Speech at the Opening Ceremony of the Ismaili Centre, Dushanbe

Speech by Karim Aga Khan
At the Opening Ceremony of
The Ismaili Centre, Dushanbe
Monday, 12 October 2009

Photo: Gary Otte

Your Excellency President Rahmon,
Your Worship the Mayor of Dushanbe,
Your Excellencies,
Distinguished Guests,

It is a great honour for me to welcome you to this inauguration ceremony. I am deeply pleased to greet President Rahmon, who was here when together we laid the Foundation Stone for this building five years ago, and who has long been a steadfast supporter of the Centre project. The same thing is true of the Civic Authorities of Dushanbe, and we are also honoured to welcome His Worship, Mayor Ubaidullaev.

It is also a distinct pleasure to look out upon this audience and to greet so many other leaders, from so many walks of society. Your very presence here invests this occasion with special meaning, for you truly represent the broad diversity of this country — and your participation attests to the importance of pluralism in Tajik life.

We have looked forward to this event for a long time. And now that this day of dedication has come, let me also extend our warmest gratitude to everyone whose contributions have made this vision a reality. We salute those who have donated their time and talent and material resources to this project, including those who designed, constructed and decorated this building and its surroundings. You have created a remarkable building that will enhance the cityscape of Dushanbe, just as it reflects and re-interprets the materials and colours and inspiring landscapes of other iconic buildings of the larger region.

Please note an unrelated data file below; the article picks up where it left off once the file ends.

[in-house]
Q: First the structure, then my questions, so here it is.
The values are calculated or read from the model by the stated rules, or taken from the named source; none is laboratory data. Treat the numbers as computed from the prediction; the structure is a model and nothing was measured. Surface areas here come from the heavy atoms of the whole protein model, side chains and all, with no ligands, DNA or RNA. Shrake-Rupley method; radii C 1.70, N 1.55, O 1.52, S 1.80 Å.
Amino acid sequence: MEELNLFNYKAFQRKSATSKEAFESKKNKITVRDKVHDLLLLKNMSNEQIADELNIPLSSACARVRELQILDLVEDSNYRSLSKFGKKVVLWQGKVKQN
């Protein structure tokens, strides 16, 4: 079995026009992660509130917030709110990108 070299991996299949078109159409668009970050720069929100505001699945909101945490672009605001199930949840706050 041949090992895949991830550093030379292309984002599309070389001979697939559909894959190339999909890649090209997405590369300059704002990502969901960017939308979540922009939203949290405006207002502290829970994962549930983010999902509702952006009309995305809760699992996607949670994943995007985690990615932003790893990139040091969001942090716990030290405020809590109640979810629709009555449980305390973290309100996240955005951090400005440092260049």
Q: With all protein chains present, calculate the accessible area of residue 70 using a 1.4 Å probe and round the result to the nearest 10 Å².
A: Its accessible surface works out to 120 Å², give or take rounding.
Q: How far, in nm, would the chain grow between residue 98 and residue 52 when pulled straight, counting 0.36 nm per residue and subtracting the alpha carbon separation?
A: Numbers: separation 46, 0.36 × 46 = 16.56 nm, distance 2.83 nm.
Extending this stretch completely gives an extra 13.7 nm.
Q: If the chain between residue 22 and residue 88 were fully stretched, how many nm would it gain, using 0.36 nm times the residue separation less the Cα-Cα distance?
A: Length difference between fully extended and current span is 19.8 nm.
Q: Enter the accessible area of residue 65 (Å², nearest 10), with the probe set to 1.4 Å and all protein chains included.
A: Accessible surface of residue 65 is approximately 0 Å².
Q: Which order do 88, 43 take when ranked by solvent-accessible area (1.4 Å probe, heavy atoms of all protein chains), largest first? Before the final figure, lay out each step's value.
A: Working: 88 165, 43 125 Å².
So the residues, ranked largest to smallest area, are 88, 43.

The Tajik Ismaili community has roots in this region that extend back more than a thousand years, as long ago as the second century of Islam. The community holds a recognised and admired position in the history of human endeavour here, contributing some of the greatest names in the fields of theology, philosophy, poetry and the sciences. This new Centre will be a place for looking back on that rich and powerful history in grateful and solemn remembrance. It will be a place, as well, for peaceful contemplation of the spirit, and of the world, as we live our lives in the present moment. And it will be a place to think about the future and how this profound heritage can shape and inform tomorrow’s world. This Centre aspires to give physical form and spiritual space for pursuing all of these objectives.

As we look around us today, we are reminded of other times down through history when a variety of cultures and traditions have come together happily in this land. It is inspiring to remember how enriching encounters of ideas and viewpoints have so often prevailed against opposing forces of ignorance and prejudice. The remarkable flowering of human talent here has owed much to the pluralism of Tajik society. I am proud, in noting just one reflection of that tradition, that this Centre is located in a neighbourhood that celebrates the great names of Ismoili Somoni and Rudaki.

(Submitted by Nizar Dhanani)

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